29. Amy Dalrymple highlighted, for a Royal College of Nursing (RCN) perspective, continued workforce issues, including the retention of senior staff. RCN anticipates a significant amount of retirals and so we need support for students and newly qualified staff; otherwise we will end up with shortages across the system.  We need to look at how we support students both in terms of their placements, as well as when they are qualified; to ensure that they are supported in their new careers and can provide the workforce for the future.

30. The Cabinet Secretary agreed that we do not want to lose people early who might be coming to the end of their career, and that we need to look at alternatives to ensure we not only enhance peoples’ skills but also ensure they continue to be confident in their roles.

31. John Connaghan brought the discussion to a close and noted four main reflections: the concept of realistic care is enormously powerful; achieving a balance across the whole system is of critical importance; effective integration of data is key; and we must engage, support and nurture our workforce.

Item 4: Overall Health and Social Care SitRep

32. Dave Caesar provided an update on the state of the pandemic and reminded the Group that, although we are heading in the right direction, we need to be aware of how quickly things can change.  On COVID-19 bed occupancy, we are following the better track in terms of modelling which suggests the measures in place are working.  For intensive care, we continue to see some instances of extreme pressure, though the reduction in occupancy does continue to follow the better modelling track.  Recently published Scottish data on the effect of the vaccines demonstrates that people are less likely to be hospitalised with COVID following vaccination.  There is, nevertheless, around a 21-day lag between receiving the first dose and the clinical effect, and so this must continue to inform any decisions on easing restrictions.

33. Andrew Fleming provided an update on acute hospital pressures, noting the three headline areas: COVID-19 acute beds occupancy, overall ICU occupancy, and A&E performance against the 4 hour target.  COVID acute capacity has reduced significantly, whilst ICU pressure is relatively stable at a high level, and A&E performance has slightly improved.  On primary care, Aidan Grisewood provided a brief update, highlighting that there is an improving position overall, although NHS 24 continues to experience challenges. Service levels for the Scottish Ambulance Service remain very high, whilst activity in optometry and dentistry continues to be subdued, though increasing.  On workforce, Sean Neill noted that the system is marginally improving overall, though there are a couple of specific areas still experiencing pressure.  Donna Bell noted that adult social care recently published guidance on indoor visiting and this has received generally positive feedback. In terms of absence, there has been a slight increase in care at home absences which is being monitored, though is believed to be due to increased testing.  Christine McLaughlin provided an update on testing pathways and highlighted the considerable progress made to increase access: there are a number of asymptomatic units as well as different institutional settings which now offer testing.  A refreshed testing strategy will be published soon to reflect the increased number of pathways.  On the vaccination programme rollout, Stephen Gallagher provided an update and outlined the most recent statistics.  Targets are expected to be exceeded due to improved supply in the coming weeks.  As we move towards offering a vaccination to all of the adult population, we will continue to follow the JCVI priority list.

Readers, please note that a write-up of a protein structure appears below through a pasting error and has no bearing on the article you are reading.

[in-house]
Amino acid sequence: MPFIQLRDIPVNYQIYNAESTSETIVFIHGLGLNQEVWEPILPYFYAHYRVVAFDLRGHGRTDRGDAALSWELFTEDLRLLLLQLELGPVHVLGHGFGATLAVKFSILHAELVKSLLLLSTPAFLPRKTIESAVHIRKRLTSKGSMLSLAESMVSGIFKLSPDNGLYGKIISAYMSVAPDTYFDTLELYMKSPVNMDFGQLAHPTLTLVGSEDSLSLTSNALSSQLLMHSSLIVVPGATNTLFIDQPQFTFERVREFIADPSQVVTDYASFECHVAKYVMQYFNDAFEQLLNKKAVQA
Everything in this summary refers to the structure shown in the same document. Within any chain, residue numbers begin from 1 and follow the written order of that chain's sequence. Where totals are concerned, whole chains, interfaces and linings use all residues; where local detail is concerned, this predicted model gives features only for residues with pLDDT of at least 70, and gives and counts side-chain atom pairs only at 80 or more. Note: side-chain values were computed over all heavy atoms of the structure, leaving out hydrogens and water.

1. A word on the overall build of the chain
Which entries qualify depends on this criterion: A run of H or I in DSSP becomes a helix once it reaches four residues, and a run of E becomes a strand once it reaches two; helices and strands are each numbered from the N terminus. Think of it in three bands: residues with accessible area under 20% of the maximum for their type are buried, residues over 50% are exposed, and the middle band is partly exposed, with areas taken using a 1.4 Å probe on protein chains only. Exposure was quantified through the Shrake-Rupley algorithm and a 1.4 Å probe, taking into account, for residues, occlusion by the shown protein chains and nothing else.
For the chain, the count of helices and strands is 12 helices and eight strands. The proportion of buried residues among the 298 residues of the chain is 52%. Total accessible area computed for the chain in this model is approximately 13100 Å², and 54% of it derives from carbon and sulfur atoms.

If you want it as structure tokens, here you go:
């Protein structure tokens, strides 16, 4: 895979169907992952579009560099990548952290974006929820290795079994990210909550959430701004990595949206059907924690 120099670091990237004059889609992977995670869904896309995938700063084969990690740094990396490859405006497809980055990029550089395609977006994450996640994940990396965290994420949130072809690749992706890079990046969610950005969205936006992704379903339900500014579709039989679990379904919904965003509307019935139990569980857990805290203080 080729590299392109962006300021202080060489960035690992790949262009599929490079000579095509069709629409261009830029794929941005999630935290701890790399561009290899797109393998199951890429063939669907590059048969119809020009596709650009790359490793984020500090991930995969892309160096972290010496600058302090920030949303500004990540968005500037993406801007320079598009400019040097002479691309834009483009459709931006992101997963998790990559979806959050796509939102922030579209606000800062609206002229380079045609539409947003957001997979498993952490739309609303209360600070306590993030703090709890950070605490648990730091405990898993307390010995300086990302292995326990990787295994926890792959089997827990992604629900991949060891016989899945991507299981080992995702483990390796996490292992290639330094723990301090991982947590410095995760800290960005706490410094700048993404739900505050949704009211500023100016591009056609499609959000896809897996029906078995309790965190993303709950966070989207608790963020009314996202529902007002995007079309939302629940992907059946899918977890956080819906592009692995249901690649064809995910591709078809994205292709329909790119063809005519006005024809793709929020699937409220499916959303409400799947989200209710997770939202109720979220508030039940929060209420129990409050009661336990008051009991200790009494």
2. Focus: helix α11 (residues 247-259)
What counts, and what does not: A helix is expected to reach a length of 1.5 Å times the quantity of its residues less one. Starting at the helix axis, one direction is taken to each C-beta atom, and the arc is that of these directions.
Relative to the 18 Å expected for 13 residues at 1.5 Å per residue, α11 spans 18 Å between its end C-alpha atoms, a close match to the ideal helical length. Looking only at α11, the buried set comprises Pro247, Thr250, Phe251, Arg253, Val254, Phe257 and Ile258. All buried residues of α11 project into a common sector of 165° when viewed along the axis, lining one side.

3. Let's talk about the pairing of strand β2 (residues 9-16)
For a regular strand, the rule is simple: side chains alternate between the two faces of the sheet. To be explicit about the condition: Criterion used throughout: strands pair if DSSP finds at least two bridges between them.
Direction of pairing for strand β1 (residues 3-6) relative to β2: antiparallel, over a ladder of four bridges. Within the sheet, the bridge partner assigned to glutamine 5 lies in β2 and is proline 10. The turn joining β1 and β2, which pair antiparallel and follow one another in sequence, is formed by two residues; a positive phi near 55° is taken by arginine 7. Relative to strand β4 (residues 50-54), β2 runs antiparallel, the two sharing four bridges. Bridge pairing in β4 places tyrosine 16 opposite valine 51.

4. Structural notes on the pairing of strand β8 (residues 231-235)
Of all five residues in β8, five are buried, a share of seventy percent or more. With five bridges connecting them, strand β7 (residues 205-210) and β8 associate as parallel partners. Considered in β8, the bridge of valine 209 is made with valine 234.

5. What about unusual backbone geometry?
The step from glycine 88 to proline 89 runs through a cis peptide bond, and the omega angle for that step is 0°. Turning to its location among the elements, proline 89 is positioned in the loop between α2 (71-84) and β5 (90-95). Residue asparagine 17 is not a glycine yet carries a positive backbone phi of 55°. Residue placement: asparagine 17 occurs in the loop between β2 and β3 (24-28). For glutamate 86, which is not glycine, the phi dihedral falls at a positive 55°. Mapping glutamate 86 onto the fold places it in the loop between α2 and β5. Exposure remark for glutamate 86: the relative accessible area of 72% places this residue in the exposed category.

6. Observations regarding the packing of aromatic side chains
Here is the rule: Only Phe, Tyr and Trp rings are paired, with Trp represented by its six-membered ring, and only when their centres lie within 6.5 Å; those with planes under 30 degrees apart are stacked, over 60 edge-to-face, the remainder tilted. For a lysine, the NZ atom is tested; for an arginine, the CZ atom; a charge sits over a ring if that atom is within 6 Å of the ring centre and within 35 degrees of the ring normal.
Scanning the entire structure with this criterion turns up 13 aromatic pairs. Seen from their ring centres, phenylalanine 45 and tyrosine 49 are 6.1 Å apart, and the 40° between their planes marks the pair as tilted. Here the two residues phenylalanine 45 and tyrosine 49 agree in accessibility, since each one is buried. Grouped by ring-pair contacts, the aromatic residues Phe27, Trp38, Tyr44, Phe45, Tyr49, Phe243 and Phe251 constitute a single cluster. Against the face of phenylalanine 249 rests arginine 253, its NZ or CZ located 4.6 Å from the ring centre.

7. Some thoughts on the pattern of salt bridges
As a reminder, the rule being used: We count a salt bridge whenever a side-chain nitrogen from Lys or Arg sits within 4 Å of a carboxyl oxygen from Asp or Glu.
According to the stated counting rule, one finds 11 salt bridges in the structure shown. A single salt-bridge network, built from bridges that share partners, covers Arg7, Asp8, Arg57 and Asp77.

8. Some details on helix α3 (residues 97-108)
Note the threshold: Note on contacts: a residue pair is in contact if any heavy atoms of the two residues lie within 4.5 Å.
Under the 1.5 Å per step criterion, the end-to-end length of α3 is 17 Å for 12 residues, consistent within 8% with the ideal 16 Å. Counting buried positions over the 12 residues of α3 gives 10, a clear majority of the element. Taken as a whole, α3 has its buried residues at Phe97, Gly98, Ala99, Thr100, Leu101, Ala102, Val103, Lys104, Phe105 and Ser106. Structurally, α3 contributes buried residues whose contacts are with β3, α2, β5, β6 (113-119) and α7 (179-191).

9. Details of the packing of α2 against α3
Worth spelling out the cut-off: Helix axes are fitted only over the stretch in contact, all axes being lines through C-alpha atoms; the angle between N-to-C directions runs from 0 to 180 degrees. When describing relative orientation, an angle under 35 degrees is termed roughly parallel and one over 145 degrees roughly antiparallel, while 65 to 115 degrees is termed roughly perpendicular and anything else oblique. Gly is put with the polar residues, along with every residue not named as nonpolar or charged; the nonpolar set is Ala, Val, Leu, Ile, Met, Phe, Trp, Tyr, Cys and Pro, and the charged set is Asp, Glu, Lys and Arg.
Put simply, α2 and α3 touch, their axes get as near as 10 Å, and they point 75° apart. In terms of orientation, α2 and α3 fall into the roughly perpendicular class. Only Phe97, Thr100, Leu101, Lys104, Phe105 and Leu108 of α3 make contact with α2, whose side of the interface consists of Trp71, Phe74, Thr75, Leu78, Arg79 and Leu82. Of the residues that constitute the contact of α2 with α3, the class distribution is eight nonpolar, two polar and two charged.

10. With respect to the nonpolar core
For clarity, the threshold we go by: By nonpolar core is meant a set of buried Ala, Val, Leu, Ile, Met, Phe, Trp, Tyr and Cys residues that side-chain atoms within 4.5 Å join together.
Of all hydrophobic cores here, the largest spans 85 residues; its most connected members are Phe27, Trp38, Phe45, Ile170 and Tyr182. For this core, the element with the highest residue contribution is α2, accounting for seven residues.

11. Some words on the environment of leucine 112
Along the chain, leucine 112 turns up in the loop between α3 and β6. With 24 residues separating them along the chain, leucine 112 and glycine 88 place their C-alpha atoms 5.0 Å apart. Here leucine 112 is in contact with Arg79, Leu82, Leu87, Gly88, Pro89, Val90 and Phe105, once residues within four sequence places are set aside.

34. The Cabinet Secretary thanked everyone for their updates and noted that this work is essential to realising many of the ambitions discussed under the previous agenda item before offering colleagues the chance to respond.

35. Graeme Eunson queried the situation with particular Health Boards under pressure and sought information on what is being done to support these.  John Connaghan confirmed that the Government continue to actively work with NHS Boards on a daily basis, identifying and agreeing specific actions and support where this is required, including wide ranging improvement plans and mutual aid.  Dave Caesar provided an update on localised issues in relation to prevalence of the virus for different areas.  Regular conversations are held with particular NHS Boards: some have particular demographics to content with such as relatively high percentages of key workers, meaning there may be continued COVID-19 pressures whilst other areas may have much reduced prevalence.

36. Graeme Eunson also asked about the vaccination programme rollout and whether this would be extended to children.  Dave Caesar suggested that substantial evidence on the impact of the vaccination on children does not currently exist though it is likely to emerge in the next few months. 

 

Item 5: Any Other Business and Future Meetings

37. There was no other business.  The next meeting of the Group is scheduled for Friday 26 March 2021 between 09:00 and 11:00. 

38. The Cabinet Secretary thanked everyone for their invaluable contributions and noted that the chat function will be shared with the Group in recognition of the issues experienced today by some members. The next meeting will consider the strengthening of public health and workforce planning.